Gender and Jealousy
I have written about jealousy before but it seems to be the topic that never goes away, so I felt compelled to write about it yet again. Over the weekend I went to a couple of poly events and I was asked repeatedly, do I get jealous? The answer is, well yes. The relationship between polyamory and jealousy is an interesting one. In some ways, we have more opportunities to be jealous because we might see our partner(s) with other people and feel jealous. We might hear our partner(s) talk about experiences they’ve had with other people and feel jealous. In monogamy, jealousy gets swept under the rug. Some people feel it shouldn’t even be discussed. I don’t think that’s a particularly healthy way to deal with jealousy and personally, I can’t sweep things under rugs.
I like talking about things and jealousy is sometimes one of those things. I feel that actually talking about it is the better thing to do because you can get to the root of why you feel that way. I think jealousy does come from a deeply ingrained place and we started learning about it as children. I think nearly everyone has some experience of abandonment in childhood and when you become an adult, it’s normal and sometimes healthy to feel that your partner may abandon you. At the end of the day, we have to feel confident in ourselves and in our relationships. Most relationships will end at some point and it’s important to know we can depend on ourselves and our friends and family for support when that does happen. However, I think that few poly relationships end due to jealousy because many of us are able to ask for what we need. For example, the jealousy may indicate that you want more time with your partner. If you don’t share that with your partner, they’ll never know.
So, what’s the relationship between gender and jealousy? Last year, I attended an academic polyamory conference in which one of the presenters gave a talk on jealousy. She compared poly men and women with regards to sexual jealousy, meaning you’re jealous because your partner is having sex with someone else, and emotional jealousy, meaning you’re jealous because your partner is forming emotional bonds with someone else. I was surprised to hear that her sample of poly men got more emotionally jealous than the women. Many people think that women are more prone to emotional jealousy, but I also think that many men are taught to take care for their partners, so when they see someone else starting to fulfill that role, they feel jealous. On the other hand, women are often taught to keep a tight hold on a good man when they find one. For thousands of years, women had to depend on men for financial security, so it makes sense that they wouldn’t want their men shacking up with other people. However, given that more and more women are in the workforce, this is of less concern. Thus, I think you can see that the relationship between gender and jealousy isn’t so clear cut.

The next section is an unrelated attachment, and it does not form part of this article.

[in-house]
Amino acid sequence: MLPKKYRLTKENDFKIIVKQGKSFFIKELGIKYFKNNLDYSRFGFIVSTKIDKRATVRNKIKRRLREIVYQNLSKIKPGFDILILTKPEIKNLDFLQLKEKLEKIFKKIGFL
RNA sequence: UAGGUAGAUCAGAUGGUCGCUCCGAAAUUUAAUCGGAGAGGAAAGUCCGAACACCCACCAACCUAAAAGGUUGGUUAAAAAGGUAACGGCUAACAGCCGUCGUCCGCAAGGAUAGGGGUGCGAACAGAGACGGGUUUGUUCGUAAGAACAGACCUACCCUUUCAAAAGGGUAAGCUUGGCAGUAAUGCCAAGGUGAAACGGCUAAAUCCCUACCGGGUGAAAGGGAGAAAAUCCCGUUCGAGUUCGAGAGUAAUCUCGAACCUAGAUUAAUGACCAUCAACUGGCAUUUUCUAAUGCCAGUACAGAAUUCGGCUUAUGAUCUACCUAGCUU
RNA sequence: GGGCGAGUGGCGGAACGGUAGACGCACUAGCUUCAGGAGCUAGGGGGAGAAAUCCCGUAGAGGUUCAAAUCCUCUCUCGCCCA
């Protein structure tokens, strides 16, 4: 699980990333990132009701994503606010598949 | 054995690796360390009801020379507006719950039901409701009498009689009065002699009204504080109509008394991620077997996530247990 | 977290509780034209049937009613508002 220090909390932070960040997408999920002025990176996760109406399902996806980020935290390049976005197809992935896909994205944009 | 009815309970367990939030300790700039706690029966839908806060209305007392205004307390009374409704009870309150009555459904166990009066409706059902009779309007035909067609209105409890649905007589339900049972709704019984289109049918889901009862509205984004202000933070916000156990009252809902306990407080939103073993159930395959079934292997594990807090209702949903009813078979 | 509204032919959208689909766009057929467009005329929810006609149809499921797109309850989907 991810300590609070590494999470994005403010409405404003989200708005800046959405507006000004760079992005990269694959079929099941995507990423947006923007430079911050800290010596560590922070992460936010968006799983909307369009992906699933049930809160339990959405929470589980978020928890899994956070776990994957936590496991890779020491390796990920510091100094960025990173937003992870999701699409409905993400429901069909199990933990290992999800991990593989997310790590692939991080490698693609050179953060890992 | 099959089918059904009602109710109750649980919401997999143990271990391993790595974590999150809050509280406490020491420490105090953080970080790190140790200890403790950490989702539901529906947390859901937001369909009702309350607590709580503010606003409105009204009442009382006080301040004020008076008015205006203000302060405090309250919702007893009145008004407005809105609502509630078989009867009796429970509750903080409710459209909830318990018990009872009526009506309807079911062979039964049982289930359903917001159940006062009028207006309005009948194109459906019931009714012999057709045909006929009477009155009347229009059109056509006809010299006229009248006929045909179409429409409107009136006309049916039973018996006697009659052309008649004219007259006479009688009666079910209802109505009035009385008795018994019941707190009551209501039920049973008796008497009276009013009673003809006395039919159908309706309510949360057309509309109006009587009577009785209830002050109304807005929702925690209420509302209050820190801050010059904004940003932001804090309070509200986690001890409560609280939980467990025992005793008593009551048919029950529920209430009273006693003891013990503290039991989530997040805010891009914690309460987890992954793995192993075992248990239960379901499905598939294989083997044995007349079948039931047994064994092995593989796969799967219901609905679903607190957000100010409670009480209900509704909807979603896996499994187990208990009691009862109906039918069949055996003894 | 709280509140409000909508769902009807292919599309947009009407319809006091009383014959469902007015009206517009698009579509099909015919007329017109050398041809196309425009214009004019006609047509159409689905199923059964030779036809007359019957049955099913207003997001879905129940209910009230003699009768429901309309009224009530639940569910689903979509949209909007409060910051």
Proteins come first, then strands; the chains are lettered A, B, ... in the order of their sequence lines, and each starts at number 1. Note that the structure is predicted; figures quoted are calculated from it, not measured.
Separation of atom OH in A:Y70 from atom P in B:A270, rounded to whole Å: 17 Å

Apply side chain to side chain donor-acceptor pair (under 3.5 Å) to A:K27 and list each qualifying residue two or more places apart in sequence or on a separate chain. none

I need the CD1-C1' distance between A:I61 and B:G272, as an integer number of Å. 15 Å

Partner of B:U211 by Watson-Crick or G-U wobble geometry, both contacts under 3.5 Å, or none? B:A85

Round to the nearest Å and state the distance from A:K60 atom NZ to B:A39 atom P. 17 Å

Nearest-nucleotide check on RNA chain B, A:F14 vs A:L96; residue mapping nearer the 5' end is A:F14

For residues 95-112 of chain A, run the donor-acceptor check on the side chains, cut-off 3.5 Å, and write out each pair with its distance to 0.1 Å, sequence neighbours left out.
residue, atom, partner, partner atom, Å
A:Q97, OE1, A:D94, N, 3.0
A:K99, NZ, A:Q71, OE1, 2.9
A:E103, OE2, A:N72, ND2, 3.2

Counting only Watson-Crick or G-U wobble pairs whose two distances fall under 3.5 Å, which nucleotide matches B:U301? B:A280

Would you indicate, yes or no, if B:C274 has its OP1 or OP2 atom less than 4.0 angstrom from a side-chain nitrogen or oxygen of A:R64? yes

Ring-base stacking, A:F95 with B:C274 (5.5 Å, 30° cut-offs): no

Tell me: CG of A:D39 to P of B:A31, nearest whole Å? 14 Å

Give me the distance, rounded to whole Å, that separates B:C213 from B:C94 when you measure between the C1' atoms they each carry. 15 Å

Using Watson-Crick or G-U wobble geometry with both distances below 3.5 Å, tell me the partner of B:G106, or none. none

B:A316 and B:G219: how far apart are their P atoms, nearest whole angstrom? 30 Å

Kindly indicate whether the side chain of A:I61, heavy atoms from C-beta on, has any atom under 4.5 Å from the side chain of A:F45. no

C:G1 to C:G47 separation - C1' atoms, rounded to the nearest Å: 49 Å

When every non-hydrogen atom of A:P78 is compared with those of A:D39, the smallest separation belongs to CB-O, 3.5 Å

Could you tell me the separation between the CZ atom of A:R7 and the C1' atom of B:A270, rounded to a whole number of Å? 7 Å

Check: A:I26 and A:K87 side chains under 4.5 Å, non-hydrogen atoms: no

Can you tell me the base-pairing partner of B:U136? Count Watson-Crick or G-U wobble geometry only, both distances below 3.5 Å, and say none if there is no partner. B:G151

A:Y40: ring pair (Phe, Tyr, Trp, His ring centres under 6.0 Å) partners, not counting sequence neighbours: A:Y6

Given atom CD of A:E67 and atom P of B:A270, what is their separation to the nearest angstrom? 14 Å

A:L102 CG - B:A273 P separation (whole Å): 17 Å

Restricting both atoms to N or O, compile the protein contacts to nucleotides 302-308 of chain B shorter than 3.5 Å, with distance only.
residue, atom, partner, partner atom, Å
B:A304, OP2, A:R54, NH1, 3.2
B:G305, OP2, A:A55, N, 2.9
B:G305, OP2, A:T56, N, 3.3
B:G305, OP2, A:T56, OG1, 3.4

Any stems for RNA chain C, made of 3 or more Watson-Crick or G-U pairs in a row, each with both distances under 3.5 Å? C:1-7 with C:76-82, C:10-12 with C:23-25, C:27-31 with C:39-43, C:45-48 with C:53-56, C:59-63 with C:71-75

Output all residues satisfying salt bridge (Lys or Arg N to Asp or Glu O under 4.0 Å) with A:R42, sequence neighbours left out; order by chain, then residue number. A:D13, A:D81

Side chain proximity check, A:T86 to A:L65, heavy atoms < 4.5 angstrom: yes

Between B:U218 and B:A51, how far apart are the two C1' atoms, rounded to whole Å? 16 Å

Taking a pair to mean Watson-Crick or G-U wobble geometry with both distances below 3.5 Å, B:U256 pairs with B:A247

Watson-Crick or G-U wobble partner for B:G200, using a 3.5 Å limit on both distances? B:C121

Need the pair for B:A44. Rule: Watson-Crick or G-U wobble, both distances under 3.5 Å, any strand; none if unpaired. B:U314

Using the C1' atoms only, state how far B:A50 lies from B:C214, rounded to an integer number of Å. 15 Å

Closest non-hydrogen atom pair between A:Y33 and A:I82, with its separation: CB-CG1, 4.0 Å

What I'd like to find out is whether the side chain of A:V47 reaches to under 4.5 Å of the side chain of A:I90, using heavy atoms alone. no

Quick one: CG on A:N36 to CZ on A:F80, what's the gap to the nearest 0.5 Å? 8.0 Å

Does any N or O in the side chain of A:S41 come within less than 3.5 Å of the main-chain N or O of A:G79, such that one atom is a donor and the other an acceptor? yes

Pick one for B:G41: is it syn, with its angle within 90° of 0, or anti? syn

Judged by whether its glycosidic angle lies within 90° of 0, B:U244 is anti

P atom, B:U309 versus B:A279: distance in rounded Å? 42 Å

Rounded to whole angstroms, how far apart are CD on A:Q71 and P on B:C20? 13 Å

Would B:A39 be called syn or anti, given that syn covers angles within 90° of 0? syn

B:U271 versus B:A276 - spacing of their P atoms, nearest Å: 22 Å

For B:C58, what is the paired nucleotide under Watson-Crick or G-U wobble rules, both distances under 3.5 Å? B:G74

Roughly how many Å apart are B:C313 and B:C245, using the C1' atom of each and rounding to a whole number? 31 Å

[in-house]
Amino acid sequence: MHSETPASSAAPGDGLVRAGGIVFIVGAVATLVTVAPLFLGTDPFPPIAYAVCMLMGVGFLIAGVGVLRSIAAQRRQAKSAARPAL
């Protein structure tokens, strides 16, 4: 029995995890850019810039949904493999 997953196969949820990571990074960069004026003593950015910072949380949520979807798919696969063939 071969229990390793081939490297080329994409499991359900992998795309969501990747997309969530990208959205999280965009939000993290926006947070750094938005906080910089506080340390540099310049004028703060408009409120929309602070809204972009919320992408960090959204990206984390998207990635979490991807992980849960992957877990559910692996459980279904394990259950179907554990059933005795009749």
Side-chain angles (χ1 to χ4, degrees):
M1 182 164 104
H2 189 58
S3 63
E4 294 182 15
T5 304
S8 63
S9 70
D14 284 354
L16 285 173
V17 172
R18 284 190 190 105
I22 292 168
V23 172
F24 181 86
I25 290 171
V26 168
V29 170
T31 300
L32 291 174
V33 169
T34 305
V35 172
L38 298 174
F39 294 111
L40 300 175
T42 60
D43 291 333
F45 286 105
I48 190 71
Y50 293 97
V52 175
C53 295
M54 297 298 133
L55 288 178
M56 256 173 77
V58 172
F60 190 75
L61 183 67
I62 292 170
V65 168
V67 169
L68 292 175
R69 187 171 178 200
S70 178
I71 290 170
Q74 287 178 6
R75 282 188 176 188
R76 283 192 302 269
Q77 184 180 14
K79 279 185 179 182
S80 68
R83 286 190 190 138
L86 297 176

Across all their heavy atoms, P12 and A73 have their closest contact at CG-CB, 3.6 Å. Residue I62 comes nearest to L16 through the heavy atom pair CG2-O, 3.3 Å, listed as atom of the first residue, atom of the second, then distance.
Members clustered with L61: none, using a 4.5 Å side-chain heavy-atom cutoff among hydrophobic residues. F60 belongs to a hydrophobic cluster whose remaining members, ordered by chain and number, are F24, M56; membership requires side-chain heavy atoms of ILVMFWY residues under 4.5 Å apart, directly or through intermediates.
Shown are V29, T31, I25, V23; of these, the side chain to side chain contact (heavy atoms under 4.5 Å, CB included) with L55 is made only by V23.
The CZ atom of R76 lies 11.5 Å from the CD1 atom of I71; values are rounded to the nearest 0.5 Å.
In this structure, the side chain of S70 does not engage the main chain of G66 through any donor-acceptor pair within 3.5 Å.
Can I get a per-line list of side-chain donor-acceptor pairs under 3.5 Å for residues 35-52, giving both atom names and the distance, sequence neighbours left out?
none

So yes, I get jealous, but I can deal with it. Communication and a healthy sense of self are important, though they take time to be developed. Usually I just need a bit of reassurance that I’m important to my partner. I do believe though that having metamours (when your partner has a partner) has more benefits than drawbacks. As I mentioned recently, Tony and Ben get along and that makes me really happy. Awhile ago, Ben was dating someone and the 2 of them made a cake for me. I have to say, having metamours is pretty sweet…
If you have any questions, email me at email@example.com Ben and I leave on Friday afternoon for Korea. Either before then or during our long plane ride, I will write a blog on saying goodbye, an important part of most relationships.